Monday, August 24, 2009

The little yellow school bus








Summer is over and school has started. But for me, it still feels like summer. I am sad. I am having one of those days where I miss Karissa a little "extra." Sounds silly but I will tell Mark "I miss Karissa extra today." Anyways, I keep seeing all the yellow school buses driving by my house. The regular ones and the short ones. It doesn't bother me to see the regular ones. It is the short buses that make my cry. They remind me of the fact that school has started but I no longer have my Karissa to take to school. No going back to school clothes or shoes. No pictures to remember her first day back at school.

The funny thing is that Karissa never rode the bus. I would have never let her ride the bus either. NEVER! Mark often asks me why I get so sad when I see the little yellow bus. Here is why: when I used to pick up Karissa from school, I would wait in line in the car. There were always 3 or 4 little buses waiting as well. I would get out of the car and walk up to the gate to get Karissa. Walking back to the car, we would always pass the little buses. On a few occasions, Karissa would try to climb up into the bus. I remember one of the bus drivers saying something like "she wants to ride the bus", or "mama, you need to let her ride the bus." I would just smile but what I was really thinking was "heck no!" I even remember the week before Karissa died that the school called to see if Karissa would be riding the bus that year.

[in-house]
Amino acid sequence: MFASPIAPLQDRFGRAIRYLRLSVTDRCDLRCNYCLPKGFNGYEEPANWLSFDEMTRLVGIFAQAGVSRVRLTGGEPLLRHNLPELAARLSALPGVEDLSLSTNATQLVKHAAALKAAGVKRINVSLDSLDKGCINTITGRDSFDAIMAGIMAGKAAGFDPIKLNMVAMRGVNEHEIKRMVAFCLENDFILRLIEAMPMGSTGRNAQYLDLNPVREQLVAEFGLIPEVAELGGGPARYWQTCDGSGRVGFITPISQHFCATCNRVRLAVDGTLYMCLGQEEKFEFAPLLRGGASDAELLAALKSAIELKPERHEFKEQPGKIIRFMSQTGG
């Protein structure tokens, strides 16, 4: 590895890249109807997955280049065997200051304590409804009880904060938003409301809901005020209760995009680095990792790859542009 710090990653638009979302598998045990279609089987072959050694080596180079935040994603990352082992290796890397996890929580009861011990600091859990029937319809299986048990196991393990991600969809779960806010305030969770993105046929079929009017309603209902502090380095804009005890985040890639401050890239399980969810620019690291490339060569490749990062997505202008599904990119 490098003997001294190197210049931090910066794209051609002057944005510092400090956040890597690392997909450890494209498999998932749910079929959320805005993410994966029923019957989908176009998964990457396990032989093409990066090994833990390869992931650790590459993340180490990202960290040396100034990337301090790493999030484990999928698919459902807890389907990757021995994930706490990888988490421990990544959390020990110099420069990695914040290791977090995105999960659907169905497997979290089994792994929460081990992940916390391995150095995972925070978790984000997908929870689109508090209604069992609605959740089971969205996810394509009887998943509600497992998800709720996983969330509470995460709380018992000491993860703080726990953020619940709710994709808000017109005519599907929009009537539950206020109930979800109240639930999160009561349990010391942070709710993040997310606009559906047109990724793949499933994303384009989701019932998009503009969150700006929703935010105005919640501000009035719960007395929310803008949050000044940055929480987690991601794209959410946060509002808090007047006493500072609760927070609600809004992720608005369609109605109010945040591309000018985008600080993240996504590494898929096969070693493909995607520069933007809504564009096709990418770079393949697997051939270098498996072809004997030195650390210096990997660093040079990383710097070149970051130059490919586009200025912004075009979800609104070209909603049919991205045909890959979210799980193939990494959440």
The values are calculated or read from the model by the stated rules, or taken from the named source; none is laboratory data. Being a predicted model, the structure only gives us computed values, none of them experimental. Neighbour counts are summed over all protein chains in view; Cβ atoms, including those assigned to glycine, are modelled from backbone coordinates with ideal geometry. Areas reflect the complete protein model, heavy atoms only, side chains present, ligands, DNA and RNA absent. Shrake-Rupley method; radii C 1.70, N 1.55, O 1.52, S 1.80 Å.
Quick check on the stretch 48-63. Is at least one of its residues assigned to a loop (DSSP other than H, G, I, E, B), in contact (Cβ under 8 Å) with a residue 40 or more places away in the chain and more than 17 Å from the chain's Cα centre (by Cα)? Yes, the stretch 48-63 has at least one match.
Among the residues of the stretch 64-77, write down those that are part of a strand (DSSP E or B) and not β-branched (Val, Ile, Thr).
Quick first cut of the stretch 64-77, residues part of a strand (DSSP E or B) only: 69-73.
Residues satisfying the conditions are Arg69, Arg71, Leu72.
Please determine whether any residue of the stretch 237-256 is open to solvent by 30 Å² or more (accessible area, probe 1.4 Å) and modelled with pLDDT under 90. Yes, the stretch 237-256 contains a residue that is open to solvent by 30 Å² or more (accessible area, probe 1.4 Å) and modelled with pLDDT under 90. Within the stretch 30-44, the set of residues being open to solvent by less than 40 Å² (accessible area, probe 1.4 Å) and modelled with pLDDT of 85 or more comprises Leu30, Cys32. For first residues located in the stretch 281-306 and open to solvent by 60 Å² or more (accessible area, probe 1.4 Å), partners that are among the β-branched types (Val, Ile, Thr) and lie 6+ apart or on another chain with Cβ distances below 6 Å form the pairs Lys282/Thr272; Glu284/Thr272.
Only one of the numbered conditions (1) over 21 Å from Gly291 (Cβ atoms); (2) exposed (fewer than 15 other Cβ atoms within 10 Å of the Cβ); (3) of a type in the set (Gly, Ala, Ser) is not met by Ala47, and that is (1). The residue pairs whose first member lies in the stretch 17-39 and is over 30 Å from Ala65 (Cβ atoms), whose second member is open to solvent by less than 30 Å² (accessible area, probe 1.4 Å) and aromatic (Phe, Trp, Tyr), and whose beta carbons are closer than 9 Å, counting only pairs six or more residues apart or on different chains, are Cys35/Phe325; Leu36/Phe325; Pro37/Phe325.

So, seeing the little yellow buses all around town are a reminder of what used to be. And that makes me sad.

By the way, these picture were taken on Karissa's first day of school.

Friday, August 21, 2009

Welcome to Holland. Part 3

Raising a child is hard work. Raising a child with a disability is even harder. I don't believe that just anyone is cut out to do it. In fact, I know people that wouldn't be able to handle it. I will just leave it at that.

I never thought in a million years that I would be a parent of a child with special needs. While I wish things had been different, Karissa taught me more than I ever could have imagined and I would not change that for anything.

During her short time here on earth, Karissa taught me how to be patient. She taught me how to have an extraordinary amount of faith and courage. She taught me to be a strong person and to fight for what is right. To stand up for myself. She taught me that life is short and to never, ever, take for granted the simplest things.

While I did not get to experience Italy, I did get to experience Holland. It was a beautiful place and I miss it immensely.

Tuesday, August 18, 2009

Welcome to Holland. Part 2

"And the pain of that loss will never ever, ever, ever go away...because the loss of that dream is a very, very significant loss."

This statement from the poem so accurately describes how Mark and I felt when we came to the realization that Karissa would probably never reach many exiting milestones in her life. We did everything we could to help her reach her potential and "catch up." Weekly physical therapy and speech therapy appointments, twice a week occupational therapy as well as weekly home visits with a special education teacher and special day classes.

Coming to terms with the fact that we would never see Karissa jump, or kick a ball, or color or even stack blocks was a loss of a dream. A huge, significant loss. It was hard to take Karissa to the park and to Gymboree, playdates were even hard, not because I was afraid that I would compare her to her peers, but because it only made the loss that much more real. It was truly heart-breaking.

So I started rejoicing in all the wonderful things that she could do. The first time she drank with a straw I cried tears of joy. In fact the whole family rejoiced! I was so proud of the few words she did have and how she would try so hard to communicate using signs. I remember at her last P.T. appointment how happy I was that she had finally mastered a skill that would have been easy for most other 3-year-olds. She made me proud because she accomplished tasks that were so difficult for her. So very proud.